Dynamic (Absolute) Viscosity – is the tangential force per unit area required to move one horizontal plane with respect to the other at unit velocity when maintained a unit distance apart by the fluid. Dynamic viscosity is often expressed in the metric CGS (centimeter-gram-second) system as g/cm.s, or poise (p).3

    Intrinsic Viscosity – is the limiting value of the specific viscosity at infinite dilution (i.e. zero concentration) of a solution.

    Kinematic Viscosity – dividing Viscosity by the liquid density at the same temperature give kinematic viscosity in centistokes (cs). One hundred centistokes equal 1 stoke. To determine kinematic viscosity, the time is measured for an exact quantity of liquid to flow by gravity through a standard capillary.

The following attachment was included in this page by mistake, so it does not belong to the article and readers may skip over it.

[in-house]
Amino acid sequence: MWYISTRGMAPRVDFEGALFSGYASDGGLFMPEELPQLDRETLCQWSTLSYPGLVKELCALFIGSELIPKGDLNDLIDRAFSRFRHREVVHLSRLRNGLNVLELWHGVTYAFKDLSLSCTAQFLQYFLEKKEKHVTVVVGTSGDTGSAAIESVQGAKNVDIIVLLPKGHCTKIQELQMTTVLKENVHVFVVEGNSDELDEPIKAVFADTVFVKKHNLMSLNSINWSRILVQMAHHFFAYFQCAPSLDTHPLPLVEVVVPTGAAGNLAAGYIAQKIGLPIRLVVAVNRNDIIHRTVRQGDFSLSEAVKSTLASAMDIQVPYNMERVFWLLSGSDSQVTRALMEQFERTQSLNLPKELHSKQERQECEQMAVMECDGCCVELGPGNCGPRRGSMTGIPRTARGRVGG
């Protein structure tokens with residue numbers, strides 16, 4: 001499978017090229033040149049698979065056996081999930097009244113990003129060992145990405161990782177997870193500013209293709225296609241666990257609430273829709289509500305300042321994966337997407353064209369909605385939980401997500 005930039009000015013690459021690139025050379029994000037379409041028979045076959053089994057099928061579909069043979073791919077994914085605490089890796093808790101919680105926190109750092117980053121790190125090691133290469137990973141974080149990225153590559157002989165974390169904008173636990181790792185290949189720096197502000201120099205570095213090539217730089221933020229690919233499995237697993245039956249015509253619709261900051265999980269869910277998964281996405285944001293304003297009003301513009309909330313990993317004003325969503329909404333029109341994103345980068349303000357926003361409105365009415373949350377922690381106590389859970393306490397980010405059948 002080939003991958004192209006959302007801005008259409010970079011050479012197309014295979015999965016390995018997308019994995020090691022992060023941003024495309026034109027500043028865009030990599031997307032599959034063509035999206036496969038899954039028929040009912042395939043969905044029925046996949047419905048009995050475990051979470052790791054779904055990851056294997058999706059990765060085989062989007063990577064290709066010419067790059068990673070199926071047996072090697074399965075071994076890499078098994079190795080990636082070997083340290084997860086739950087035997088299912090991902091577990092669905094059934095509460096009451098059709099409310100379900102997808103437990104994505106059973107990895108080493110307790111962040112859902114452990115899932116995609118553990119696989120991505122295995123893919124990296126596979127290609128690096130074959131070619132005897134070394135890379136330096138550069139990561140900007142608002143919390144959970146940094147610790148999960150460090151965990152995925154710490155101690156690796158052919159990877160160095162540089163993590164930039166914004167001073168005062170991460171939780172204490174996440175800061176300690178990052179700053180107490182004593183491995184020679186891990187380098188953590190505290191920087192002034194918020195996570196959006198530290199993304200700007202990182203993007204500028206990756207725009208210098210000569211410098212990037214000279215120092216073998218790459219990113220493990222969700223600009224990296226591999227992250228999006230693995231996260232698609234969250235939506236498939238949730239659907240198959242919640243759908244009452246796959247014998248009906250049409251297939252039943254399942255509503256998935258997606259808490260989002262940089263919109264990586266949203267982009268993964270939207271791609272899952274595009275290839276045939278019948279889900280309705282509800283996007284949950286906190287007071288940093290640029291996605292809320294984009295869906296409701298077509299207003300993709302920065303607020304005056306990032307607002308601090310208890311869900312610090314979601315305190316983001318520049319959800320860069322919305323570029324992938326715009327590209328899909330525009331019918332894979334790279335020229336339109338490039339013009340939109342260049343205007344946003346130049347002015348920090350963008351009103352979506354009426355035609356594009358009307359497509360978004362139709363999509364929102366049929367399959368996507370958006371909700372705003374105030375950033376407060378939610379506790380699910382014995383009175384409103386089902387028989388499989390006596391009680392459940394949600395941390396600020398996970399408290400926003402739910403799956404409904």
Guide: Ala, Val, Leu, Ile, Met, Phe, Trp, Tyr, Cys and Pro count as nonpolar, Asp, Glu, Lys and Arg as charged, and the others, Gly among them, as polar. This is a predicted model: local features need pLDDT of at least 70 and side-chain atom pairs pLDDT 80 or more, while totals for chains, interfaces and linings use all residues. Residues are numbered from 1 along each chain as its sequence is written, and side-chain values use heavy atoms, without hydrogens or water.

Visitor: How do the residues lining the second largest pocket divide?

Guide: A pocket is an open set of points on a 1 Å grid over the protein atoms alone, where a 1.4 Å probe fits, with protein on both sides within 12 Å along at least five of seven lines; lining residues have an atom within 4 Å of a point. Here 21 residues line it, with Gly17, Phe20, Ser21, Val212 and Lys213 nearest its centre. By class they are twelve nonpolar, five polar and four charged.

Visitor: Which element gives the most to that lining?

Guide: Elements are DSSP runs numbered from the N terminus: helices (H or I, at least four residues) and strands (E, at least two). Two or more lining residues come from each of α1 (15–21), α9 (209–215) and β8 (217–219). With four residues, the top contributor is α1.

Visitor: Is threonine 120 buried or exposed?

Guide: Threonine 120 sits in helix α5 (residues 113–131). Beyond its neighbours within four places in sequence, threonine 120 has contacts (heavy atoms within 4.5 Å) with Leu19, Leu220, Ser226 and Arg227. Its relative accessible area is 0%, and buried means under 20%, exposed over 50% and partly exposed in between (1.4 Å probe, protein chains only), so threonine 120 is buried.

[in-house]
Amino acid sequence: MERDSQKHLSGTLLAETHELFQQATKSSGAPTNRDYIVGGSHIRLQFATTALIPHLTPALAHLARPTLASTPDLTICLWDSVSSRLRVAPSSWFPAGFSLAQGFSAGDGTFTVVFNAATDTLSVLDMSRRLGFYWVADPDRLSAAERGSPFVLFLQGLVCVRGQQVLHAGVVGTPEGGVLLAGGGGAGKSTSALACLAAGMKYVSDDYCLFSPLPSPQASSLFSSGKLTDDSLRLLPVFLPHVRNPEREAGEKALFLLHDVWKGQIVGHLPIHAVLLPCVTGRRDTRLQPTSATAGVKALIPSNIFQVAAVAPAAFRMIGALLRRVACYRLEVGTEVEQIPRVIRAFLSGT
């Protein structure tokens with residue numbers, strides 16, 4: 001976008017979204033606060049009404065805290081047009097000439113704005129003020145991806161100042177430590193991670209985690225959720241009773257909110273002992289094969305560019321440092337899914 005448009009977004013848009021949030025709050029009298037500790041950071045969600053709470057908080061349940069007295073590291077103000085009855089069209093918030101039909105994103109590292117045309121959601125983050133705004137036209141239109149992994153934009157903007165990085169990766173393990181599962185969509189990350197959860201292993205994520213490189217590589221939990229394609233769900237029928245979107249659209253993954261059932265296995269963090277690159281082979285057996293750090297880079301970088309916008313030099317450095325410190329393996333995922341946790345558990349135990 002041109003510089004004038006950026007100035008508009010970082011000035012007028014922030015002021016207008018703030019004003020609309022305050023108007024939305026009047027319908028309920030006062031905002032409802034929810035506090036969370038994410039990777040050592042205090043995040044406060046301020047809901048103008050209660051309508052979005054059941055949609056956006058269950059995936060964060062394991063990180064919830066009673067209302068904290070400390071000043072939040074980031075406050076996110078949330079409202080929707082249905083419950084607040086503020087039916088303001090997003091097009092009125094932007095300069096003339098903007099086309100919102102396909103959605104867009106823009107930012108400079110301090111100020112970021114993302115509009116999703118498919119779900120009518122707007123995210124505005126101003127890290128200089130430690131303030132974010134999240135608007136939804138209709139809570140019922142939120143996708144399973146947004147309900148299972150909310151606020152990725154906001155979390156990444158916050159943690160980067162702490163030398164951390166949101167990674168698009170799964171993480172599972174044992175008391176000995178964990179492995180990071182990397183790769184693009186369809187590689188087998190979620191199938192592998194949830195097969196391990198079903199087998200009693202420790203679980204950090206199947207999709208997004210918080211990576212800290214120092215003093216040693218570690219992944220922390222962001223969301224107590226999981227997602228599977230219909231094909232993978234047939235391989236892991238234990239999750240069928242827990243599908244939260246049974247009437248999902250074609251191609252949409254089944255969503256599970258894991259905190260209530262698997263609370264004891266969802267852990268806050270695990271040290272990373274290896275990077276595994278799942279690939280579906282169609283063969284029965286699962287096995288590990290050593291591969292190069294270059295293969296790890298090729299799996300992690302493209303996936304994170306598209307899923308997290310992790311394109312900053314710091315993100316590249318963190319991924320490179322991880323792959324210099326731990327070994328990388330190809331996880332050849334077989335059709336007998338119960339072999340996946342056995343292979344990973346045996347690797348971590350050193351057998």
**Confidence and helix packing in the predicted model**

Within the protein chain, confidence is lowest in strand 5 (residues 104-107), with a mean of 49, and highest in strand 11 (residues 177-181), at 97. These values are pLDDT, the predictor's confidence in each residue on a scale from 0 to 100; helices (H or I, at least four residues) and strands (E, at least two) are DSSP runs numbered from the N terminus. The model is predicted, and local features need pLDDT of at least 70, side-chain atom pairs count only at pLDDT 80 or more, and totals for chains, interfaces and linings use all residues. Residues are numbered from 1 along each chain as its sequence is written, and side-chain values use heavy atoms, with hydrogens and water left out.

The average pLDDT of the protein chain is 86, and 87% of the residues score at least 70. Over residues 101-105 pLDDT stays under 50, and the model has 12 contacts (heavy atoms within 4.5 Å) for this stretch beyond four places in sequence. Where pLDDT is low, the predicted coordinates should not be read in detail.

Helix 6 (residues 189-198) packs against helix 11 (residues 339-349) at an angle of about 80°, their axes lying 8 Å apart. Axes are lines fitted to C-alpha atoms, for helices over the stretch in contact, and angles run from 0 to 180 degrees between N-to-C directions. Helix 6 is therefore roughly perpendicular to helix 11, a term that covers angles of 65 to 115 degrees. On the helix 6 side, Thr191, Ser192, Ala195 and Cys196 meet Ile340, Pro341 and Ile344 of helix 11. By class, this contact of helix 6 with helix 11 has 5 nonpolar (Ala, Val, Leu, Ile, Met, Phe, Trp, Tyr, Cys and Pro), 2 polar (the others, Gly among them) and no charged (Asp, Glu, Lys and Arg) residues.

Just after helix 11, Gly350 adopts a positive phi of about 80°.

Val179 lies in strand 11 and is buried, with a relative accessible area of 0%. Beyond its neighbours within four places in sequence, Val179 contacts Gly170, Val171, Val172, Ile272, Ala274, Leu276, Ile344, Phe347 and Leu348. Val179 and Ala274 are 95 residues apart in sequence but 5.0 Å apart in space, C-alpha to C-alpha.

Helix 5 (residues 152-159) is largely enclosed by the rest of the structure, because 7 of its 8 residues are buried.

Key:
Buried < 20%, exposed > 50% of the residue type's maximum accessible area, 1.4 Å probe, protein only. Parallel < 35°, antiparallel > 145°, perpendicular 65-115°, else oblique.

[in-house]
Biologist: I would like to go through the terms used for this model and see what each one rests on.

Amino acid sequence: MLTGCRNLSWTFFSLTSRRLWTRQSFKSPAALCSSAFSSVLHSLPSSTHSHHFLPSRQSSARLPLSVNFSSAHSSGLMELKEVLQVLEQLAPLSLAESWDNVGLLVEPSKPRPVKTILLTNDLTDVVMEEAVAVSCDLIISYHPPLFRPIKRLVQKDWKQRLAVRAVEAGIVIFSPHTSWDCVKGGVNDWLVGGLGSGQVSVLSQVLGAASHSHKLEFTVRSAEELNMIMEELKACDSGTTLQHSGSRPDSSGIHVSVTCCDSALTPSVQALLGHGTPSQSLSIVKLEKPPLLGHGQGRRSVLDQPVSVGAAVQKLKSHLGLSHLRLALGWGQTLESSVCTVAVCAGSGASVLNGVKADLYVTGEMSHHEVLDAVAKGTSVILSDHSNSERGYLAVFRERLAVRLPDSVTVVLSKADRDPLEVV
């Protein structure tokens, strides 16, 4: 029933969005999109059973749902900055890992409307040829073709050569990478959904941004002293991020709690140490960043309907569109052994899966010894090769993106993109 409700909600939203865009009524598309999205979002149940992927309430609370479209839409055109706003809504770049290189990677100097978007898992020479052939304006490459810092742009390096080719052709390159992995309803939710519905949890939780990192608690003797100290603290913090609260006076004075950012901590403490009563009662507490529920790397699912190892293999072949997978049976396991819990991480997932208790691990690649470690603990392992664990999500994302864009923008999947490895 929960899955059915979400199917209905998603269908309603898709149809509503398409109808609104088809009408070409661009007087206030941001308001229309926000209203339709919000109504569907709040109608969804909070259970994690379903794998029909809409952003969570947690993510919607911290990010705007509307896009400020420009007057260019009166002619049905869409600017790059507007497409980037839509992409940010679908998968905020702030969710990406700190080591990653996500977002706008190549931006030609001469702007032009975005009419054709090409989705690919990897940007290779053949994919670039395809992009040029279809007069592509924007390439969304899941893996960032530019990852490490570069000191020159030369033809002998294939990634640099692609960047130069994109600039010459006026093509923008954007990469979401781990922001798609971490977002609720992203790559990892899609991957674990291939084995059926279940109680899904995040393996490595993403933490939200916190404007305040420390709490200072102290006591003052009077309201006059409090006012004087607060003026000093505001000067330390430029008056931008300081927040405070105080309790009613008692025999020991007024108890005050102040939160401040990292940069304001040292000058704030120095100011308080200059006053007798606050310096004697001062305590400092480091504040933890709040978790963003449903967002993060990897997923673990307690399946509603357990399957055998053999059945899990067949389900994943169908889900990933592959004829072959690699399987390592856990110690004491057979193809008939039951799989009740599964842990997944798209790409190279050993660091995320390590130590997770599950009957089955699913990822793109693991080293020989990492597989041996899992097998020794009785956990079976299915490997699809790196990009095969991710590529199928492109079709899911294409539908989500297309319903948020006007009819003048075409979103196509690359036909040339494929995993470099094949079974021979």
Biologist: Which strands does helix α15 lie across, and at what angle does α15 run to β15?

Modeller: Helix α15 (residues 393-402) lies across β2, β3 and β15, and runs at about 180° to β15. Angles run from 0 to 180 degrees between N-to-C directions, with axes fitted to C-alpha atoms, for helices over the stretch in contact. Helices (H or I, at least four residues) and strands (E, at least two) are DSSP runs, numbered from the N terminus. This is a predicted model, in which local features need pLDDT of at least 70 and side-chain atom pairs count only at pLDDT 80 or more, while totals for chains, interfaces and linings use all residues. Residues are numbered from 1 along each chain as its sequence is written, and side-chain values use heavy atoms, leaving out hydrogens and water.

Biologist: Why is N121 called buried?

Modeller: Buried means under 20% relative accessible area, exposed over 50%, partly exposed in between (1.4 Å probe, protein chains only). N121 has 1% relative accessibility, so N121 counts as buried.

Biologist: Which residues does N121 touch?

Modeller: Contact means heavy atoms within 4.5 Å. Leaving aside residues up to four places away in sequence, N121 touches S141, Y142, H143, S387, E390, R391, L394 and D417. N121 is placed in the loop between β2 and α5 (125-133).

Zero-Shear Viscosity – is the low shear rate limiting value of viscosity (i.e when a solution is at rest).

  • Viscosupplementation – is a name given to the medical procedure of injecting hyaluronan based solutions into the synovial joint space of patients with osteoarthritis.

1 The Condensed Chemical Dictionary, 10th Edition, 1981. Revised by G.G. Hawley. Von Nostrand Reinhold Company.
2 ASTM F2347 Standard Guide for Characterization and Testing of Hyaluronan as Starting Materials Intended for Use in Biomedical and Tissue Engineered Medical Product Applications.
3 Source: www.engineeringtoolbox.com/dynamic-absolute-kinematic-viscosity-d_412.html